GREEN BAY – If the early stages of a season are for forging a team’s identity, the Packers are working on a pretty good one on offense.

For the second straight week, quarterback Aaron Rodgers engineered a crucial touchdown drive in a one-point game in the fourth quarter, going the length of the field in double digit plays to swing momentum fully in his team’s favor.

Against the Seahawks on Sunday, he did it with a new personnel package that removed the running back and utilized four receivers and a tight end. Head Coach Mike McCarthy called the set an effective “change-up” that was thrown at the right time, and more importantly, executed very well to turn a 17-16 deficit into a 24-17 lead.

“I thought it was the most important drive in the game, not only to go down and score, but to keep the ball. We took a lot of time off the clock,” McCarthy said. “It was a critical point in the game. Aaron orchestrated it very well. He was patient with it.”

The 10-play, 80-yard march took 6:16, far less than the 9 1/2 minutes the Packers consumed when adding to a 17-16 lead in Chicago in Week 1, but it was arguably more impressive against Seattle's vaunted defense. It got going with an 18-yard strike to Randall Cobb on second-and-15 (following a false start penalty) on the first play of the fourth quarter. At that point, the call went to the new personnel group, and the offense never even needed to convert a third down.

“We pushed the ball down the field when we had to, when it warranted it, but we also did a lot of short throws getting us seven, eight, nine yards and that was effective,” said Associate Head Coach and play-caller Tom Clements.

The drive also continued the coming-out party of rookie receiver Ty Montgomery (pictured). On that possession, Montgomery had three receptions for 24 yards, with his first NFL catch gaining 17 as he bounced off a couple of Seattle tacklers and stayed on his feet along the sideline. He then added a 13-yard grab to convert a third down on the Packers’ final drive for the clinching field goal.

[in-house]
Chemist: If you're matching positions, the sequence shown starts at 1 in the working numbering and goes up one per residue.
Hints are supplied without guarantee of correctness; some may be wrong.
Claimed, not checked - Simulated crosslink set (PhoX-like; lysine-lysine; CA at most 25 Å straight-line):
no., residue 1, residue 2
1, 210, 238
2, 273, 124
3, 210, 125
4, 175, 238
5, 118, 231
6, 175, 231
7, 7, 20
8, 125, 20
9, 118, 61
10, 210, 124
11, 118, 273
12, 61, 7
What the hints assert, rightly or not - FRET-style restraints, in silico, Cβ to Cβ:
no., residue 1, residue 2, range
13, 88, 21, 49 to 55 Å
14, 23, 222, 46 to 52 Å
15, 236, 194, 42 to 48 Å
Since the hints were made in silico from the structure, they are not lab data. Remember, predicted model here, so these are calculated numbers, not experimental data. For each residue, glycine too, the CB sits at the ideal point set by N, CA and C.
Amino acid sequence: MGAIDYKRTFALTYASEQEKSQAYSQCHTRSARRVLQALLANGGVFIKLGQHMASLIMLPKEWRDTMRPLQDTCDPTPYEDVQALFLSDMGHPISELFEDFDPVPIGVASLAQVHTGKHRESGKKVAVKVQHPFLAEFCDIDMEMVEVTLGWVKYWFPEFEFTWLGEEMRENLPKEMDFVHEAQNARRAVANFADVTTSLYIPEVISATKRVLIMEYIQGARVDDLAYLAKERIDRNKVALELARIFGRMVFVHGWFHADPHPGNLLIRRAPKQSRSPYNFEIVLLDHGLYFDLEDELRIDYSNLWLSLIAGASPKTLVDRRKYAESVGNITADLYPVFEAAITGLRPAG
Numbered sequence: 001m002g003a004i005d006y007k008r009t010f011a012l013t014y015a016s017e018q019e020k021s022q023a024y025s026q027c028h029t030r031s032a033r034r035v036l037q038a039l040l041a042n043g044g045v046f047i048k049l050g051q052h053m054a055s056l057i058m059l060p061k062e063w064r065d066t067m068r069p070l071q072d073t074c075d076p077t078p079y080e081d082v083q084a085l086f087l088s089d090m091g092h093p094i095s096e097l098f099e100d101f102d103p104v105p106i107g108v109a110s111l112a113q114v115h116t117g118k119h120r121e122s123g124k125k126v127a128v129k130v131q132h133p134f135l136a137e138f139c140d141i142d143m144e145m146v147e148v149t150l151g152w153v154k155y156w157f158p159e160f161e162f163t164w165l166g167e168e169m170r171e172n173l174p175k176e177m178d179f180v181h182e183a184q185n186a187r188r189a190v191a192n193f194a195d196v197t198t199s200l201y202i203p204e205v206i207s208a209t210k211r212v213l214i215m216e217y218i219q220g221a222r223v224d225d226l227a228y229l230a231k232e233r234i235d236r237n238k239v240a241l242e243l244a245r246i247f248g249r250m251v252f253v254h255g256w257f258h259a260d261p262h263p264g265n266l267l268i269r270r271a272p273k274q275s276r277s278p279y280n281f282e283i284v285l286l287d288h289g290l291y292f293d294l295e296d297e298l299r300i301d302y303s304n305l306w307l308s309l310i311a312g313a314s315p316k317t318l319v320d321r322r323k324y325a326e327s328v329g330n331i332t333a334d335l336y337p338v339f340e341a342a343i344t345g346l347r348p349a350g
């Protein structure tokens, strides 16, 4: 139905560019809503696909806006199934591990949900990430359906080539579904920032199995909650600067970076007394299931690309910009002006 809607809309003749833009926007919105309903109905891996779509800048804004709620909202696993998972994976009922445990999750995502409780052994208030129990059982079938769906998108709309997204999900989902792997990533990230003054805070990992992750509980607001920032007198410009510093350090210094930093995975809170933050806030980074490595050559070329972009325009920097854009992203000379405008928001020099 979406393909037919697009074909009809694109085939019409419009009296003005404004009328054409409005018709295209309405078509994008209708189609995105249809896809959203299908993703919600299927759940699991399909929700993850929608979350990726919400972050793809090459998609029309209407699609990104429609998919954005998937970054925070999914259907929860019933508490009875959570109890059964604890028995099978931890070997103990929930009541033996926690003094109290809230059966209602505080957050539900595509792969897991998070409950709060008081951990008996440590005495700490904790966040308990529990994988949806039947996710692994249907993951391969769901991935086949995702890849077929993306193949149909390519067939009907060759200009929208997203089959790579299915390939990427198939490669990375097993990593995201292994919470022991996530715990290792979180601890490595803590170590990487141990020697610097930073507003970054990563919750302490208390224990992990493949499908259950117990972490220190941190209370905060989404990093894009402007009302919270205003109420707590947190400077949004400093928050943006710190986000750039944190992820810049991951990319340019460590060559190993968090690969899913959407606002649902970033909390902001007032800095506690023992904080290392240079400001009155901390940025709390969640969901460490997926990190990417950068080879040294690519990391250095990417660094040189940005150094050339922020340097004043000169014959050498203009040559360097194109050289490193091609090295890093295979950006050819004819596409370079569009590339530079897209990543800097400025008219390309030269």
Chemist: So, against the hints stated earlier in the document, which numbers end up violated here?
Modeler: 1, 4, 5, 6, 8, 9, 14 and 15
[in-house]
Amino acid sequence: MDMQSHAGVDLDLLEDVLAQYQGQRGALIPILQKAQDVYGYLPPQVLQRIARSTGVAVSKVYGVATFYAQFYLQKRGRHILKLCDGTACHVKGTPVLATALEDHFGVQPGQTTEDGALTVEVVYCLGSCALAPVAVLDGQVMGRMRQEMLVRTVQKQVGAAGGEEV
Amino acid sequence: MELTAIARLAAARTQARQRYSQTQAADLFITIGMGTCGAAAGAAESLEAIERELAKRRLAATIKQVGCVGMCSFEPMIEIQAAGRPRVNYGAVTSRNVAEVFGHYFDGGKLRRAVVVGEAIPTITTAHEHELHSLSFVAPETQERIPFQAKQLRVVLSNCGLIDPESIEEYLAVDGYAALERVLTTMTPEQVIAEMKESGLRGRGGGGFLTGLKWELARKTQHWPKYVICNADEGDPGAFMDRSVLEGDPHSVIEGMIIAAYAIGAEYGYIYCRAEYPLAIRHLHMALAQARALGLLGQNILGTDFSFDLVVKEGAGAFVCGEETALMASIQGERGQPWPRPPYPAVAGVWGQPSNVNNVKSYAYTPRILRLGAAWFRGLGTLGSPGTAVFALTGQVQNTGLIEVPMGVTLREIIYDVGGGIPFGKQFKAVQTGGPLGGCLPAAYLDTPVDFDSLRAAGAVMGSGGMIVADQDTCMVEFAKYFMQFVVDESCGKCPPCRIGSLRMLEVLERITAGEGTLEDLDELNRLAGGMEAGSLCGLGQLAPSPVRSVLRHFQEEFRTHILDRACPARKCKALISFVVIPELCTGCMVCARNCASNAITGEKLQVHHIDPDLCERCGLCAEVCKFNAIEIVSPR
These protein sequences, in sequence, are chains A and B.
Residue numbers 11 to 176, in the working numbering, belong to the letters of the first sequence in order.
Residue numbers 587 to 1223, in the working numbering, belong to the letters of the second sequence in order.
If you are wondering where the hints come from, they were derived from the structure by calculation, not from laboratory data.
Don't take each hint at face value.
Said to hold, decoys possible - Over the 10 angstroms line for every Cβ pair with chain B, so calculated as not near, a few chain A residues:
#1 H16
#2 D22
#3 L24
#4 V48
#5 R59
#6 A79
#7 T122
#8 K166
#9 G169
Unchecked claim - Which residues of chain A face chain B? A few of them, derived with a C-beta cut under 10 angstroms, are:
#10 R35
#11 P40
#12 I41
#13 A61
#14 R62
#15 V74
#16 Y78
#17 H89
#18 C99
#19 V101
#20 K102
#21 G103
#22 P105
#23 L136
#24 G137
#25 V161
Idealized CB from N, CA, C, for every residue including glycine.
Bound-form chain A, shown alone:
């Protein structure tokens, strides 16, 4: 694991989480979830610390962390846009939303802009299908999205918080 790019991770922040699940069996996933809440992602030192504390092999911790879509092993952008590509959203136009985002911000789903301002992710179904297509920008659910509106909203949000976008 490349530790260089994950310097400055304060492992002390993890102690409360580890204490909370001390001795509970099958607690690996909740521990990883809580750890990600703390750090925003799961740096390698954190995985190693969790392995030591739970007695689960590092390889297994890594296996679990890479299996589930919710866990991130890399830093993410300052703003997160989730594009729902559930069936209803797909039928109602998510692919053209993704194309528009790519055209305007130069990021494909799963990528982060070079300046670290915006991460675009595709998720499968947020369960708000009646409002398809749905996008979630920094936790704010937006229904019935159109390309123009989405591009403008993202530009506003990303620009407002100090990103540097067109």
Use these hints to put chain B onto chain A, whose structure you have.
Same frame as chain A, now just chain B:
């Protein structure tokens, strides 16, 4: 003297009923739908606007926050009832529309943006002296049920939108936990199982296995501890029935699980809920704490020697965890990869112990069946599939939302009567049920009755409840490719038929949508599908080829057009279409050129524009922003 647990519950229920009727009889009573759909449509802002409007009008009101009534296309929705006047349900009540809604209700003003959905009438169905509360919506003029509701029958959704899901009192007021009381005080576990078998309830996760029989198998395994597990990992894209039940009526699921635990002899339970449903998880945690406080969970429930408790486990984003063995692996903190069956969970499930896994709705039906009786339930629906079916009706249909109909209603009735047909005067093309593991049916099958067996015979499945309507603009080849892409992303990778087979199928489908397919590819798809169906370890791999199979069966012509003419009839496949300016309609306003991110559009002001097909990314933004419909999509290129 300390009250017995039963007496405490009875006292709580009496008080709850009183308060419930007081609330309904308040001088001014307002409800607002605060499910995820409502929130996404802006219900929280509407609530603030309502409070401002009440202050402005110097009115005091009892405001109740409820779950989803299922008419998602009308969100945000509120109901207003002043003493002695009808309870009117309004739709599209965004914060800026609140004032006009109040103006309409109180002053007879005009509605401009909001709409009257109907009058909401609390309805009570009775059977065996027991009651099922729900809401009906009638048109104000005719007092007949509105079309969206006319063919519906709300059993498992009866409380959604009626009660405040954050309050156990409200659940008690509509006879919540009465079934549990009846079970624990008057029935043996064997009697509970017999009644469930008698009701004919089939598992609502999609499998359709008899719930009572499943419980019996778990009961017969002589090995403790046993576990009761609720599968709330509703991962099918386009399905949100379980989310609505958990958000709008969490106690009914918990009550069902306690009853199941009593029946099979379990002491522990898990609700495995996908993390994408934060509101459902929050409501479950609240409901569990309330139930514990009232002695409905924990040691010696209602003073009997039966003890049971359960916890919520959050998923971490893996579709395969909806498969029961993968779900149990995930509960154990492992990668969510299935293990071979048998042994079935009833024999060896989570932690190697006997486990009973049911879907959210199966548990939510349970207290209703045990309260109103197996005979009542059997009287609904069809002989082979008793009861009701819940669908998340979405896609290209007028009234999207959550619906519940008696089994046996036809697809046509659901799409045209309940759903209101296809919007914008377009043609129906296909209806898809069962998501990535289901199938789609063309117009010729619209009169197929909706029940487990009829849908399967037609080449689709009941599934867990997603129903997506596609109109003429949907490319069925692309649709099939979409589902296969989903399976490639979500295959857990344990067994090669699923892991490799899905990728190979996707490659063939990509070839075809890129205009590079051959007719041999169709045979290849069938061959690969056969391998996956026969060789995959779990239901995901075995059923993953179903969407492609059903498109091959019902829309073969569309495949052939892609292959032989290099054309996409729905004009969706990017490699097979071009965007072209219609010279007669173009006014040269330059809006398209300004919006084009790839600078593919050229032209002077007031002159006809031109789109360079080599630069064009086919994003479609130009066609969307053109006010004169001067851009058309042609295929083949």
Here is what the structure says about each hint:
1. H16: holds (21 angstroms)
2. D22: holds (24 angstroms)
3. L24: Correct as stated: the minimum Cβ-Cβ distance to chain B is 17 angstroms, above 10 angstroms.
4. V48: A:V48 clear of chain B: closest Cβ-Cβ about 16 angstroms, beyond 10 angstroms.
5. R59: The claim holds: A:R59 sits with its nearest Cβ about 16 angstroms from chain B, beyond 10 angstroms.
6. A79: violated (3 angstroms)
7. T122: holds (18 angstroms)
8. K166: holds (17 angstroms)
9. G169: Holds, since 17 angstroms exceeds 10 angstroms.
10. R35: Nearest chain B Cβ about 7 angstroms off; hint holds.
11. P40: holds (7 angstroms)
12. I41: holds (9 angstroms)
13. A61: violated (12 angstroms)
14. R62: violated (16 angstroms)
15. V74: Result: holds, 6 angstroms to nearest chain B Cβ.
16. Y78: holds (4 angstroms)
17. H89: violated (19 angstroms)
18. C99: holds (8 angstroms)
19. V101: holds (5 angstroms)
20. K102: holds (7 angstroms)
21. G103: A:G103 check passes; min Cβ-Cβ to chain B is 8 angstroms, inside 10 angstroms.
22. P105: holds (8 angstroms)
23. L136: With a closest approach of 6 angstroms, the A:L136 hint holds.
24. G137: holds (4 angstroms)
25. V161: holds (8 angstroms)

“That was fun to see,” Offensive Coordinator Edgar Bennett said. “You saw him break some tackles, make a fantastic catch. You saw his balance, his ability to change directions, and he got the ball north and south.”

Rodgers is always pushing the ball downfield when he gets the defense to jump offside, and Montgomery did his part there, too, drawing a 52-yard pass interference penalty on a free play late in the first half that led to a field goal.

Earlier, on the game’s opening TD drive, Rodgers was at his best on the free plays. He caught the Seahawks with 12 defenders on the field for a gift first down. Then, on two snaps defensive end Michael Bennett jumped early, Rodgers hit Cobb for 22 yards and James Jones for a 29-yard TD.

“We work at it in practice all the time,” Clements said, referring in contrast to how some teams will always start a play over in practice when there’s a pre-snap penalty rather than let it play out. “We play the play as if it’s in the game. When it happens in the game it’s nothing new for us.”

On special teams, the Packers did an effective job corralling dangerous return man Tyler Lockett, who broke one punt return for 22 yards but otherwise was held in check on six total returns (two punt, four kickoff).

Kicker Mason Crosby and punter Tim Masthay had strong games to help the cause against Lockett. In addition to becoming the franchise’s all-time leading scorer, Crosby had three touchbacks and three other kickoffs that carried at least  halfway through the end zone.

Masthay emerged further from his preseason struggles with solid averages (46.3 gross, 39.0 net) on three punts, including a 46-yarder that went out of bounds and gave Lockett no chance. On that one, Masthay also handled a rare off-target snap from Brett Goode and got a decent punt away.

“We all know what he can do,” Special Teams Coordinator Ron Zook said of Masthay. “He’s been like a pitcher that gets in a slump or a batter that gets in a slump. Thank God he’s coming out of it.”

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